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Monday, October 08, 2007

Yo' Mama Done Told You!

Ryder misses 3rd qtr forecasts, cuts full year:
Ryder System Inc., the largest U.S. truck-leasing company, said third-quarter earnings were less than it forecast because a weakening economy cut demand for commercial trucks.
Ryder blamed its fleet-management business, which provides trucks and services such as fueling and maintenance to commercial customers. Those include retailers such as Wal-Mart Stores Inc. and Home Depot Inc., said Todd Fowler, a KeyBanc Capital Markets analyst. That business accounted for $2.03 billion, or 62 percent, of Ryder's $3.25 billion in first-half revenue.
``Economic conditions have softened considerably in more industries beyond those related to housing and construction,'' Ryder said in the statement. ``Consequently, freight and shipment levels have weakened to a greater extent than previously anticipated.''

Just wait until the NAFTA trucking rules go into full effect and the Mexican trucking companies undercut Ryder right when things are worst. And don't imagine Walmart won't jump all over a Mexican contract.

But, of course, you correctly use Ryder as a canary in the general economy.
Rob - I plan to stay off the highways if the Mexican trucks ever do start rolling through. As for Ryder, the import of the company's statements is that they are seeing a downturn in their retail side business. That's after WalMart has undertaken a huge expansion? True, they cut back their expansion plans earlier this year, but.... I mean, less trucks for more stores can mean only one thing, right?

I laughed myself silly this morning reading about St Joe's plans to sell its Florida land:
``This is not a fire sale,'' Chief Executive Officer Peter Rummell said today on a conference call. ``We are not dumping stuff on the market and we are not going to make stupid decisions but there are things that we believe have reached their height in pricing. I firmly believe that we would be doing this whether the market was good or bad.''
``We're not selling land now,'' Rummell said on the conference call. ``We're carving it out and identifying it and we'll sell at an appropriate price at an appropriate time. We have been able to articulate 100,000 acres that we think over a reasonable time frame is close to its reasonable value and based on pure economics it doesn't make sense to hold on to.''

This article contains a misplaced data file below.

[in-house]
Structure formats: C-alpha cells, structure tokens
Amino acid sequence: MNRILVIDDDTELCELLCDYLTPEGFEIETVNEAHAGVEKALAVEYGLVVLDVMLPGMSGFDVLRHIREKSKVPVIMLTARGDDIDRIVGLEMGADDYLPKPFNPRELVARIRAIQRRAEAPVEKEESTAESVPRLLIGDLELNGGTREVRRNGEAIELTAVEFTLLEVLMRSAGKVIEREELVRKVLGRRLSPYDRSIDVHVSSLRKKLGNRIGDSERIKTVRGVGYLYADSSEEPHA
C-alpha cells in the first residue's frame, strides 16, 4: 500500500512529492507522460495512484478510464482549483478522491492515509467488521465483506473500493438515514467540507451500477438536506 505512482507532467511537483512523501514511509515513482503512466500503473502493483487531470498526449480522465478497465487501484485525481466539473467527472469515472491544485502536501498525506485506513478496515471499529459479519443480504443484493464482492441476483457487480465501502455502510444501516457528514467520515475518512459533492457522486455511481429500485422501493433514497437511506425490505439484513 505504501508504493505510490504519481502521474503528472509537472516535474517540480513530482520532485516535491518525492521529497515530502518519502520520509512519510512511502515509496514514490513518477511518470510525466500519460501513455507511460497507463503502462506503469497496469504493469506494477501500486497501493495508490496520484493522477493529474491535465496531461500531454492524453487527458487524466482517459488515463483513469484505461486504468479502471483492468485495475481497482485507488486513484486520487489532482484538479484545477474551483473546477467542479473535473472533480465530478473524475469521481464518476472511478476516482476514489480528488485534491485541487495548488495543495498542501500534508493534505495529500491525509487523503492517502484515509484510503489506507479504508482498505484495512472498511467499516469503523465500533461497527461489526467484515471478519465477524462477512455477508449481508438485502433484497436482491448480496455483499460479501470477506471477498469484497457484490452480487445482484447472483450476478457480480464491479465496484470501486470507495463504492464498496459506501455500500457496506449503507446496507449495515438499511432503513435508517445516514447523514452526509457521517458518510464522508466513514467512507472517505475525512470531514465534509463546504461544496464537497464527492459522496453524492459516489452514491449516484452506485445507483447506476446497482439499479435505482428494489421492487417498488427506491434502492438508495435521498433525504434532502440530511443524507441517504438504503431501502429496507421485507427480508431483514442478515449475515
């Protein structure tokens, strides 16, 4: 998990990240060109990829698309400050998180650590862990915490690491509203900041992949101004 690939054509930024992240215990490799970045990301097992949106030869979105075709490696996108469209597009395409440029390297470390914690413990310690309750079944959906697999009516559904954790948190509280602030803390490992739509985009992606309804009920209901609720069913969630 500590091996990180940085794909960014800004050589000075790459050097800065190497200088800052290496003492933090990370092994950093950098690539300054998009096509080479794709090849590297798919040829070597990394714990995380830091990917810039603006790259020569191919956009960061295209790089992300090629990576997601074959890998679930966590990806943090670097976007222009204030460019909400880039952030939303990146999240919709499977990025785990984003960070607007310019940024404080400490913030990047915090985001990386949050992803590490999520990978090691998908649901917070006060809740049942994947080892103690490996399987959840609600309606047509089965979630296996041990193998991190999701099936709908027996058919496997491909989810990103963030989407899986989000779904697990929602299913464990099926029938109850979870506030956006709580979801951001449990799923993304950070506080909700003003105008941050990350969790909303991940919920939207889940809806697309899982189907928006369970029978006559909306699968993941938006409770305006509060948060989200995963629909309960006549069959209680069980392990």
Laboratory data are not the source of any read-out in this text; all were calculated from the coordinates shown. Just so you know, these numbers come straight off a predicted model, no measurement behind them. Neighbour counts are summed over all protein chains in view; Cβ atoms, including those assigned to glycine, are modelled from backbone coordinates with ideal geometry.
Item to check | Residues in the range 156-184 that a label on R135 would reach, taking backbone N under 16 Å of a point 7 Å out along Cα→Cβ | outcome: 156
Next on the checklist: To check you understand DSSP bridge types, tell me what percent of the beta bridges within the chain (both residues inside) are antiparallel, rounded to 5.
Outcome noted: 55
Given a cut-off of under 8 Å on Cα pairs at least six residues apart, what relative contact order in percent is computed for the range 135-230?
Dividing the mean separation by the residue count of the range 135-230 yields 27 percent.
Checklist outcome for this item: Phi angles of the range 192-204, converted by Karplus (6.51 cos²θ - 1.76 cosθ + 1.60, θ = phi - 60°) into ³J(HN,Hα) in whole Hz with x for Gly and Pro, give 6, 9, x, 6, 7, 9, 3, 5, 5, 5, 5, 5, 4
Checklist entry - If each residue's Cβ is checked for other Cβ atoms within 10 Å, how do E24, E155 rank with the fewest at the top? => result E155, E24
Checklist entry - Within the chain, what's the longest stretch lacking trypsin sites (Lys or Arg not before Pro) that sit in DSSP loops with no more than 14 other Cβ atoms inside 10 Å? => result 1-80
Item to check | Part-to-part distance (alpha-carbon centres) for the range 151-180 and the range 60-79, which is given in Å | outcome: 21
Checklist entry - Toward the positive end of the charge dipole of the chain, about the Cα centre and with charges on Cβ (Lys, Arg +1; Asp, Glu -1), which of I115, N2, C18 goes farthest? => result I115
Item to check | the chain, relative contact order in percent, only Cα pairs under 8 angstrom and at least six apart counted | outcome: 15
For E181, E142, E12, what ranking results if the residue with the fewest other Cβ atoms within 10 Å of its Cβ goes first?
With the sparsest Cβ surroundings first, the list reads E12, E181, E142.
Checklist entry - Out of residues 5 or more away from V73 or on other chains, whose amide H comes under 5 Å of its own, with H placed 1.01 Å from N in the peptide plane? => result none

Hardeharhar. The implication being that the other 700,000 acres is still appreciating?

I think I've decided awareness at the current venture is truly painful, so one might as well laugh oneself through it. Oil's topped out, wheat has topped out. What an obelisk economy.
It has been sad to see St Joe go from a reliable company to a "player." Been watching it for some time. If the land is "reasonably valued" now but not worth holding why on earth would anyone want to buy it? The answer is the same as it has been for so many HBs. They are trying to claim insolvent is merely illiquid. Now St Joe does has a better argument on this point but still this is "eating their seed corn." St Joe also does some soft pine lumber if I recall. Could it be that they are in a triple squeeze; housing, land values, comercial products to housing, etc?
I don't know, Rob. It looks like a fire sale to me. Turn your acute mind to this:
The company plans to transfer by the end of the year the operations of its hospitality, recreational and golf assets to companies that focus on those types of business. St. Joe said it will transfer 500 workers to those companies, It will also transfer or eliminate another 260 jobs by the end of next year.

St. Joe will replace its dividend with a share buyback program. It has paid a quarterly dividend of 16 cents a share since the third quarter of 2005.

Earlier this year, St. Joe sold 31,000 acres of rural land in the Florida Panhandle and 15 office buildings as part of a strategy to quit home construction and building management. It also sold the Sassy Burbank homebuilding operation in the Mid-Atlantic states.

I follow Martin Marietta Materials as a proxy for suppliers. They were able to jack up pricing 10-15% this year, but did say that they thought the environment next year wouldn't permit it. So they lost about 15% of volume and made it up in pricing.
If it's all going south, why is the stock market so strong?
Relative value. Money under Management trapped domestically is very high, which is unsurprising given demographics.

I'm thinking that funds are going to be scrambling now. It's somewhat harder to make money with commodities. Gotta keep that bubble rolling somehow!

The trick is to keep the adjustment in the overall economies slow so that changes in investment have a chance to bear fruit.
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